via Messy­Nessy

Relat­ed con­tent:

Speak­ing in Whis­tles: The Whis­tled Lan­guage of Oax­a­ca, Mex­i­co

Dis­cov­er the Dis­ap­pear­ing Turk­ish Lan­guage That is Whis­tled, Not Spo­ken

The Fas­ci­nat­ing Whis­tled Lan­guages of the Canary Islands, Turkey & Mex­i­co (and What They Say About the Human Brain)

How Lan­guages Evolve: Explained in a Win­ning TED-Ed Ani­ma­tion

The Rarest Sounds Across All Human Lan­guages: Learn What They Are, and How to Say Them

Based in Seoul, Col­in Marshall writes and broad­casts on cities, lan­guage, and cul­ture. His projects include the Sub­stack newslet­ter Books on Cities, the book The State­less City: a Walk through 21st-Cen­tu­ry Los Ange­les and the video series The City in Cin­e­ma. Fol­low him on Twit­ter at @colinmarshall or on Face­book.

Why Caspar David Friedrich’s Painting Wanderer Above the Sea of Fog (1818) Is a Romantic Masterpiece, Evoking the Power of the Sublime

When Cas­par David Friedrich com­plet­ed Der Wan­der­er über dem Nebelmeer, or Wan­der­er Above the Sea of Fog, in 1818, it “was not well received.” So says gal­lerist-Youtu­ber James Payne in his new Great Art Explained video above, which focus­es on Friedrich’s most famous paint­ing. In the artist’s life­time, the Wan­der­er in fact “marked the grad­ual decline of Friedrich’s for­tunes.” He with­drew from soci­ety, and in 1835, “he suf­fered a stroke that left the left side of his body effec­tive­ly par­a­lyzed, effec­tive­ly end­ing his career.” How, over the cen­turies since, did this once-ill-fat­ed paint­ing become so icon­ic that many of us now see it ref­er­enced every few weeks?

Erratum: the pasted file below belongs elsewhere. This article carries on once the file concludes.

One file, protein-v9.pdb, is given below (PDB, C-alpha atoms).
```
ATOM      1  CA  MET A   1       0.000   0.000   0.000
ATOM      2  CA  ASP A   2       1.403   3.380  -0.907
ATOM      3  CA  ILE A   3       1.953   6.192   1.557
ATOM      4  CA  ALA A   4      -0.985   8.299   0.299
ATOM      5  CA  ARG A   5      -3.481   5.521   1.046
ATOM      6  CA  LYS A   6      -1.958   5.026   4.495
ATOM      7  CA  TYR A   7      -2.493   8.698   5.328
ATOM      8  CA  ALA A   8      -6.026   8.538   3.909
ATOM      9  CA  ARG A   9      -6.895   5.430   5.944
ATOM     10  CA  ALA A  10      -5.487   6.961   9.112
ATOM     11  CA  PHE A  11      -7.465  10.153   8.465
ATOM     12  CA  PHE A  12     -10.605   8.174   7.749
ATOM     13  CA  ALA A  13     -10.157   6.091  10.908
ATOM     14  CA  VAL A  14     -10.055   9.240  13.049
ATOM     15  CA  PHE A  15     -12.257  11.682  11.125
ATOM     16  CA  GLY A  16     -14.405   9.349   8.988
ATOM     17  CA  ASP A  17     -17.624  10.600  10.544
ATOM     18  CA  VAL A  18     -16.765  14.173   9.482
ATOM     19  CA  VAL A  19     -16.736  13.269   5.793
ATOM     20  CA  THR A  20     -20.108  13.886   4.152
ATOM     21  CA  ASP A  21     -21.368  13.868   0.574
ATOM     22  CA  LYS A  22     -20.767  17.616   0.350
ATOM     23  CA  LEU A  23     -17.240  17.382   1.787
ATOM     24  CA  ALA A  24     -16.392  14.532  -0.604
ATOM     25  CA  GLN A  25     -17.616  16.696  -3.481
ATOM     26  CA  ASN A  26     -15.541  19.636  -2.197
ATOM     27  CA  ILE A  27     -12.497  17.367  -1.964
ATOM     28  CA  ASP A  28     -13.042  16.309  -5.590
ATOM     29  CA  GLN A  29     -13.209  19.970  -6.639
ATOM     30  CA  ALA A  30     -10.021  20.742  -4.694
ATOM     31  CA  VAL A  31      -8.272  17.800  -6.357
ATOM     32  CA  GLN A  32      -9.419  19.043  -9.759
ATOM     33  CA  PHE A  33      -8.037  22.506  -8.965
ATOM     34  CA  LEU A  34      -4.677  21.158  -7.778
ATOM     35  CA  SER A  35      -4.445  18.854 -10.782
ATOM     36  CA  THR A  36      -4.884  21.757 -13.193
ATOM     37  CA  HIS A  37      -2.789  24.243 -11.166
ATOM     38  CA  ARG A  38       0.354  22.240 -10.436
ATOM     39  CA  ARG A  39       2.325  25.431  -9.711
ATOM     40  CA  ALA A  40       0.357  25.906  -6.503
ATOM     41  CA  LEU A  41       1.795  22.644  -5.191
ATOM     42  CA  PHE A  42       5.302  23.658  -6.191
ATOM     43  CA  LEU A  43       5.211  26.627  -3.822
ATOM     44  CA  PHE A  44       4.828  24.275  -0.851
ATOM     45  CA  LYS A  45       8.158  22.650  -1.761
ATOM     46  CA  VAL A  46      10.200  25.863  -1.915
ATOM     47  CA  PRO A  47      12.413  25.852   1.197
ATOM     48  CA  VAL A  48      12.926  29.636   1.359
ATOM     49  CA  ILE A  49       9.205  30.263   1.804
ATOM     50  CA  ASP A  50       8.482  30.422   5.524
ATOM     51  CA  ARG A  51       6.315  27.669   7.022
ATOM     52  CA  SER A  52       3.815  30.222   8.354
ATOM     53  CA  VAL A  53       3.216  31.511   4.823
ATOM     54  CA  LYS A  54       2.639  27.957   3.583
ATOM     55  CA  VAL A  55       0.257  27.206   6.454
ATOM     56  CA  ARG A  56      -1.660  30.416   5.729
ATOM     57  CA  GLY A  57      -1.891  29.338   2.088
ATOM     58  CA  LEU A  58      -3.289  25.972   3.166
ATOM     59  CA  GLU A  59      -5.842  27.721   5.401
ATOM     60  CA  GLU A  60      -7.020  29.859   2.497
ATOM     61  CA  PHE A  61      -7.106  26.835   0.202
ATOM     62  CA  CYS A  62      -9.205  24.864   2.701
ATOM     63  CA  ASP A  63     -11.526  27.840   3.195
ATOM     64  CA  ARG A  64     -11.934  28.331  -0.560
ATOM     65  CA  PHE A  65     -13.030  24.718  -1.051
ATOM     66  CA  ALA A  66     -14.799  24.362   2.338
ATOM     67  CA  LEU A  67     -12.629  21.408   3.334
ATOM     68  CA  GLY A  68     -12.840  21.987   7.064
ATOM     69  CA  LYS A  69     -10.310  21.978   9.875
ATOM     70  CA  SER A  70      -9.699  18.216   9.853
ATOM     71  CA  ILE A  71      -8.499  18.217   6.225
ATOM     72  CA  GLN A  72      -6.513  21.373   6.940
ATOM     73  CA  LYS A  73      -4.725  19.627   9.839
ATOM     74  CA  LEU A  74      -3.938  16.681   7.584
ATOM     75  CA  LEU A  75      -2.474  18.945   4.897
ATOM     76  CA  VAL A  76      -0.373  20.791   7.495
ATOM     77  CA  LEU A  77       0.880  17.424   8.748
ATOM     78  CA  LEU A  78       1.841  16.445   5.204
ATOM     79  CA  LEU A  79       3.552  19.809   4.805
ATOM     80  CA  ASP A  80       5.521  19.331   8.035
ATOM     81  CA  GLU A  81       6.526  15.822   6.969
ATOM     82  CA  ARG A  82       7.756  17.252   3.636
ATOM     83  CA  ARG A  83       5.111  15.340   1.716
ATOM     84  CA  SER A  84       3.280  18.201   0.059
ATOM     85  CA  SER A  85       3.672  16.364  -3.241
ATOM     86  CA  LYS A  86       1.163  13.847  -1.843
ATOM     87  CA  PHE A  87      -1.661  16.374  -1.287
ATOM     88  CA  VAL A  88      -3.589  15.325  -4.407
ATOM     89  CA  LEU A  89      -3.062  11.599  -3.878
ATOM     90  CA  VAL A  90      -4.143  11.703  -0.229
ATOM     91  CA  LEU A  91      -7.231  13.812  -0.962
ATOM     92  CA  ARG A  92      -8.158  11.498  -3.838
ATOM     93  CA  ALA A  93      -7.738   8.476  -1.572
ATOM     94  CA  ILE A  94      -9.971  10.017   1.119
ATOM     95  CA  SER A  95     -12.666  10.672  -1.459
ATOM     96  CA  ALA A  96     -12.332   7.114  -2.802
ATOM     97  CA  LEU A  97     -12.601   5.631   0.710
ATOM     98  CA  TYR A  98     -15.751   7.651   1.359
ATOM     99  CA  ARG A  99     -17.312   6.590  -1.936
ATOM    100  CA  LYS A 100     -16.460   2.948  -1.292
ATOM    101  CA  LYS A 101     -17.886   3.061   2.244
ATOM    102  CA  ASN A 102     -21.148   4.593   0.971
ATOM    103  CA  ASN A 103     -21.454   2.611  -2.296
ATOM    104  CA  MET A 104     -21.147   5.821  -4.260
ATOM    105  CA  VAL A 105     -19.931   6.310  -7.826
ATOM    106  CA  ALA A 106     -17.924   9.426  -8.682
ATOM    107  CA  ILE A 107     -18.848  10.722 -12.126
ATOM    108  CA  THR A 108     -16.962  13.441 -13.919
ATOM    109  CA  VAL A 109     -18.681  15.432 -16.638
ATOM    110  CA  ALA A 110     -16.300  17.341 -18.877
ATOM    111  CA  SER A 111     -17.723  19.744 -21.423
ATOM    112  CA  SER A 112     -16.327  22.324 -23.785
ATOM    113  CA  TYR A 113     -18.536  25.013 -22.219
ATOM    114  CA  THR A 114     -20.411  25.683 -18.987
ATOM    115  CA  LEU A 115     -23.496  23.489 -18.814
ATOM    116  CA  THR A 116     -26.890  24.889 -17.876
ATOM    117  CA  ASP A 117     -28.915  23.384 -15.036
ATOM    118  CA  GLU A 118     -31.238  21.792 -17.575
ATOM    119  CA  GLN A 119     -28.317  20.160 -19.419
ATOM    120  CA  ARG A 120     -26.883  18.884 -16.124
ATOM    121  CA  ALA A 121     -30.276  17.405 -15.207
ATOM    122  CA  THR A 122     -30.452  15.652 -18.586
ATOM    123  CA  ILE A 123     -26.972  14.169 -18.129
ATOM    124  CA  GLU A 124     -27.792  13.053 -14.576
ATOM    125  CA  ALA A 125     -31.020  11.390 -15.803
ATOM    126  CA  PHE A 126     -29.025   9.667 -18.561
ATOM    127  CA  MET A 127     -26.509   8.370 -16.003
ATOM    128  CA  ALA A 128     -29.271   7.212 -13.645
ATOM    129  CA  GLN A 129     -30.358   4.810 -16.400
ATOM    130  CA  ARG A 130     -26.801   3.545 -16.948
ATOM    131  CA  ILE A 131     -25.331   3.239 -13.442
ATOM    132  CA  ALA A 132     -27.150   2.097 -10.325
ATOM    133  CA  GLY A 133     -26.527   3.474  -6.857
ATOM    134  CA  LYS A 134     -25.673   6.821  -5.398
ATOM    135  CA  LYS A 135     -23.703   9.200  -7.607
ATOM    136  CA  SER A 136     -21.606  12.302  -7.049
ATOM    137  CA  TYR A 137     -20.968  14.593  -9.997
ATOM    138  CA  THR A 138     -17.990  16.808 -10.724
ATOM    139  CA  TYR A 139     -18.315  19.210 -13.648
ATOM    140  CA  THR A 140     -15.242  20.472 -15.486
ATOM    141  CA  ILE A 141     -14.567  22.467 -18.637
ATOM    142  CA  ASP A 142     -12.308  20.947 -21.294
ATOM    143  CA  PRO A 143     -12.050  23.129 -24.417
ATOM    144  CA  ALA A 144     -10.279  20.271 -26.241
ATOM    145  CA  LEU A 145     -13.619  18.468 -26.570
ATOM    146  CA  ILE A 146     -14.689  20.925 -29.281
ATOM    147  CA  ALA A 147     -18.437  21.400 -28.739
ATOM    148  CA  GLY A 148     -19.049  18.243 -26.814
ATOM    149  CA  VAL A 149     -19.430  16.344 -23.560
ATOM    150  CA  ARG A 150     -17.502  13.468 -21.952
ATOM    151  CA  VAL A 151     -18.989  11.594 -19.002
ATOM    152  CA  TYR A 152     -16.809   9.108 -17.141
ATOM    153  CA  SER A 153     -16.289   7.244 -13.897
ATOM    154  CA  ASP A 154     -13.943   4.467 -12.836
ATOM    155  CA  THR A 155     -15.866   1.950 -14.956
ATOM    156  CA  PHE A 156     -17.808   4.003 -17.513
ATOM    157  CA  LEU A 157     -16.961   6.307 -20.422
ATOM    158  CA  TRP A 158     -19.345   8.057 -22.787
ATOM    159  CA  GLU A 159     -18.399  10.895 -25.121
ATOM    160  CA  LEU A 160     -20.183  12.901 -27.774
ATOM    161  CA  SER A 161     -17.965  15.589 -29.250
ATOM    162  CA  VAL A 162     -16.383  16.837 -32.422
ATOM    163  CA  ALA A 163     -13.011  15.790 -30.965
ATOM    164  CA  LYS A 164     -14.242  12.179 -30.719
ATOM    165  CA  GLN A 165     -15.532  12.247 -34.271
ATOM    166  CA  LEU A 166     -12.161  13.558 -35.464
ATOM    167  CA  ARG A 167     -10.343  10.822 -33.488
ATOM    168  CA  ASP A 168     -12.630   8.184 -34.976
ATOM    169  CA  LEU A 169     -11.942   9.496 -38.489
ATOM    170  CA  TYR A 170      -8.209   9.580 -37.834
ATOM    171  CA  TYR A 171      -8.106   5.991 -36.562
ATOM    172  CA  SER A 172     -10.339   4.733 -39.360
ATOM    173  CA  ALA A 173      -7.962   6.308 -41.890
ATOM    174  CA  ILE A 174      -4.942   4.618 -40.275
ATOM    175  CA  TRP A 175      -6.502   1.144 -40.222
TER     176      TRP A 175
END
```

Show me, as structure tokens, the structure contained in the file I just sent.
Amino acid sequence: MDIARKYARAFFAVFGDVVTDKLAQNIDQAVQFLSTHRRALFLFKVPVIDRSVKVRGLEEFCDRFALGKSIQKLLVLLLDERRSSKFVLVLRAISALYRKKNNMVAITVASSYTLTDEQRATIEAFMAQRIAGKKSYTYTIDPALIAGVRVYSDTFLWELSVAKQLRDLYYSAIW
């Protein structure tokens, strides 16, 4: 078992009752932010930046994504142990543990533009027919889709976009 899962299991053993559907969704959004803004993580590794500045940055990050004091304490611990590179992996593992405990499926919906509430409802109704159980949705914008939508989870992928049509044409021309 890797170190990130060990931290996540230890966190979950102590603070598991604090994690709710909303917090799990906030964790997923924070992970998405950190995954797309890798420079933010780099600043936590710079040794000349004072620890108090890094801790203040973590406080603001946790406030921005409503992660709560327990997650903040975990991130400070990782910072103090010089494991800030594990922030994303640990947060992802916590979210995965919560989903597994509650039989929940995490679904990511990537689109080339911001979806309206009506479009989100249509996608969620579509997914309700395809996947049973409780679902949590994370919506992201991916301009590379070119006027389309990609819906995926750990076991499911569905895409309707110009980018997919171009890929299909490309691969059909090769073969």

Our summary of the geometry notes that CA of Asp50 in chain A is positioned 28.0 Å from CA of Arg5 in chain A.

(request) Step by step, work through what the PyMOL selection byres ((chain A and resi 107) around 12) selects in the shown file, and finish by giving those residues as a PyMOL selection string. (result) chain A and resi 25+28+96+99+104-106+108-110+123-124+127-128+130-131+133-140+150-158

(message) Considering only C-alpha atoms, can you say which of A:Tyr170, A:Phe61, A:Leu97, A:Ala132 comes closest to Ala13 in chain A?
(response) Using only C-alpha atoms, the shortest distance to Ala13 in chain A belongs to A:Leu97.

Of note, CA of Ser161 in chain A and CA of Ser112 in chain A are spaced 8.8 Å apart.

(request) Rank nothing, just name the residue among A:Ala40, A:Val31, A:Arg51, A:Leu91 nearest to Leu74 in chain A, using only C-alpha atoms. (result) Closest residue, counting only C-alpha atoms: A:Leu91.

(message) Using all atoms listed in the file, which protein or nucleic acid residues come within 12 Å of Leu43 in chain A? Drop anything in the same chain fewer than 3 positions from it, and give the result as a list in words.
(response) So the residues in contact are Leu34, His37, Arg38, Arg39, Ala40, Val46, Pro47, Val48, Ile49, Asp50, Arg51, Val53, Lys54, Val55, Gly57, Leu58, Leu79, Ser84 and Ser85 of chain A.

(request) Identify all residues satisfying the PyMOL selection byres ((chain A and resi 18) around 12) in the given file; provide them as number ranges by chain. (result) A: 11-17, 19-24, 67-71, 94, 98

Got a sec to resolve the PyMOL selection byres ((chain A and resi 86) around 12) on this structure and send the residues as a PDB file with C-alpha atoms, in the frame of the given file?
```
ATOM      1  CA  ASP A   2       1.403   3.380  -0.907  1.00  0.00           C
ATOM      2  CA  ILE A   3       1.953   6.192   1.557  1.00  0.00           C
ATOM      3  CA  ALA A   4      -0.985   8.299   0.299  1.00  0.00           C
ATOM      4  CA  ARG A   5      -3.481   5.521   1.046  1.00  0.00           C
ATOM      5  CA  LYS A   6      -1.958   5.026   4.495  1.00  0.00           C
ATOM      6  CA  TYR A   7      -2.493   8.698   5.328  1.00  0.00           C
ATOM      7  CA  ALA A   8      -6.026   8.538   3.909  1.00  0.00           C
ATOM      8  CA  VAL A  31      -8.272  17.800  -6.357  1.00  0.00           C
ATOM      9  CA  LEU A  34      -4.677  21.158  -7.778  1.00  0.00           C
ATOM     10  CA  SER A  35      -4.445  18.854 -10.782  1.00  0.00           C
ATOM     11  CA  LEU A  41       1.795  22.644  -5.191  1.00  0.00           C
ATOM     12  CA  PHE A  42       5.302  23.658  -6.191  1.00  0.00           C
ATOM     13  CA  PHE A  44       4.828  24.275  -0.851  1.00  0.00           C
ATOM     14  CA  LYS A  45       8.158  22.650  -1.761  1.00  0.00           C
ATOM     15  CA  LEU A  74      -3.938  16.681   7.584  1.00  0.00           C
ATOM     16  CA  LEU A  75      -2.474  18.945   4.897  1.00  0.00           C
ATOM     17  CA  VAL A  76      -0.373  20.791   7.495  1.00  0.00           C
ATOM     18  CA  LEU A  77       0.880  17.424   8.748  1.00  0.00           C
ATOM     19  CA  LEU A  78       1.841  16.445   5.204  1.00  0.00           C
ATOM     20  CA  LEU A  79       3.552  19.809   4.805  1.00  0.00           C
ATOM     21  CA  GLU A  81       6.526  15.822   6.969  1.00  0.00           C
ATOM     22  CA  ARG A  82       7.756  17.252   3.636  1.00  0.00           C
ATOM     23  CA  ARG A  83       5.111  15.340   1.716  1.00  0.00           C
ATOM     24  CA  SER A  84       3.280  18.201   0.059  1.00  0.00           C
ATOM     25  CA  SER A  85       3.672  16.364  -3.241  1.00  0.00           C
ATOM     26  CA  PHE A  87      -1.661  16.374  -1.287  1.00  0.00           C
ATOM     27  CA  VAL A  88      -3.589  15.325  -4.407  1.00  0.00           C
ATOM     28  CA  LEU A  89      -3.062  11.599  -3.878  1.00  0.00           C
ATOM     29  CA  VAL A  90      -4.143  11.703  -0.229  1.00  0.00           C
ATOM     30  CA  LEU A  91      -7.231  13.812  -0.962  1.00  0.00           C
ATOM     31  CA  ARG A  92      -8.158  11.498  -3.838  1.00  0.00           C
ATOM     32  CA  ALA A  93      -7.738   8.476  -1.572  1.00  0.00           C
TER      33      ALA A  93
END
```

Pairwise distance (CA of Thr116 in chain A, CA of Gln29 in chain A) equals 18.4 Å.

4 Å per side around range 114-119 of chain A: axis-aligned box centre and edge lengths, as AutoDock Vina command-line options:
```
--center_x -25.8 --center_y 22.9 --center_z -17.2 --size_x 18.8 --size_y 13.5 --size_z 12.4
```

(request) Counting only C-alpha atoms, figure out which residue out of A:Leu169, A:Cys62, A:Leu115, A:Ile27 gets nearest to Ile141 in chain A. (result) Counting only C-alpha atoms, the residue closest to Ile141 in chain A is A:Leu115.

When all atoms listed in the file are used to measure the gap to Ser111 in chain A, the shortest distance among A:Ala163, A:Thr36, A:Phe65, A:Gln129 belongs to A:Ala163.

Friedrich had known pop­u­lar and crit­i­cal scorn before. His first major com­mis­sion, paint­ed in 1808, was “an altar­piece which shows a cross in pro­file at the top of a moun­tain, alone and sur­round­ed by pine trees. Hard for us to under­stand now, but it caused a huge scan­dal.” This owed in part to the lack of tra­di­tion­al per­spec­tive in its com­po­si­tion, which pre­saged the feel­ing of bound­less­ness — over­laid with “rolling mists and fogs” — that would char­ac­ter­ize his lat­er work. But more to the point, “land­scape had nev­er been con­sid­ered a suit­able genre for overt­ly reli­gious themes. And of course, nor­mal­ly the cru­ci­fix­ion is shown as a human nar­ra­tive pop­u­lat­ed by human fig­ures, not Christ dying alone.”

It’s fair to say that Friedrich did not do things nor­mal­ly, both philo­soph­i­cal­ly — break­ing away, with his fel­low Roman­ti­cists, from the mech­a­nis­tic Enlight­en­ment con­sen­sus about the world — and aes­thet­i­cal­ly. The Wan­der­er (fur­ther ana­lyzed in the Nerd­writer video just below) presents a Weltan­schau­ung in which “land­scape was a rep­re­sen­ta­tion of a divine world order, and man was an indi­vid­ual who watch­es, con­tem­plates, and feels much more than he cal­cu­lates and thinks.” To achieve his desired effect, Friedrich assem­bles an imag­ined vista out of var­i­ous ele­ments seen around Dres­den, pre­sent­ing it in a man­ner that com­bines char­ac­ter­is­tics of both land­scapes and por­traits to “cre­ate a pow­er­ful sense of space” while direct­ing our atten­tion to the lone uniden­ti­fied fig­ure right in the cen­ter.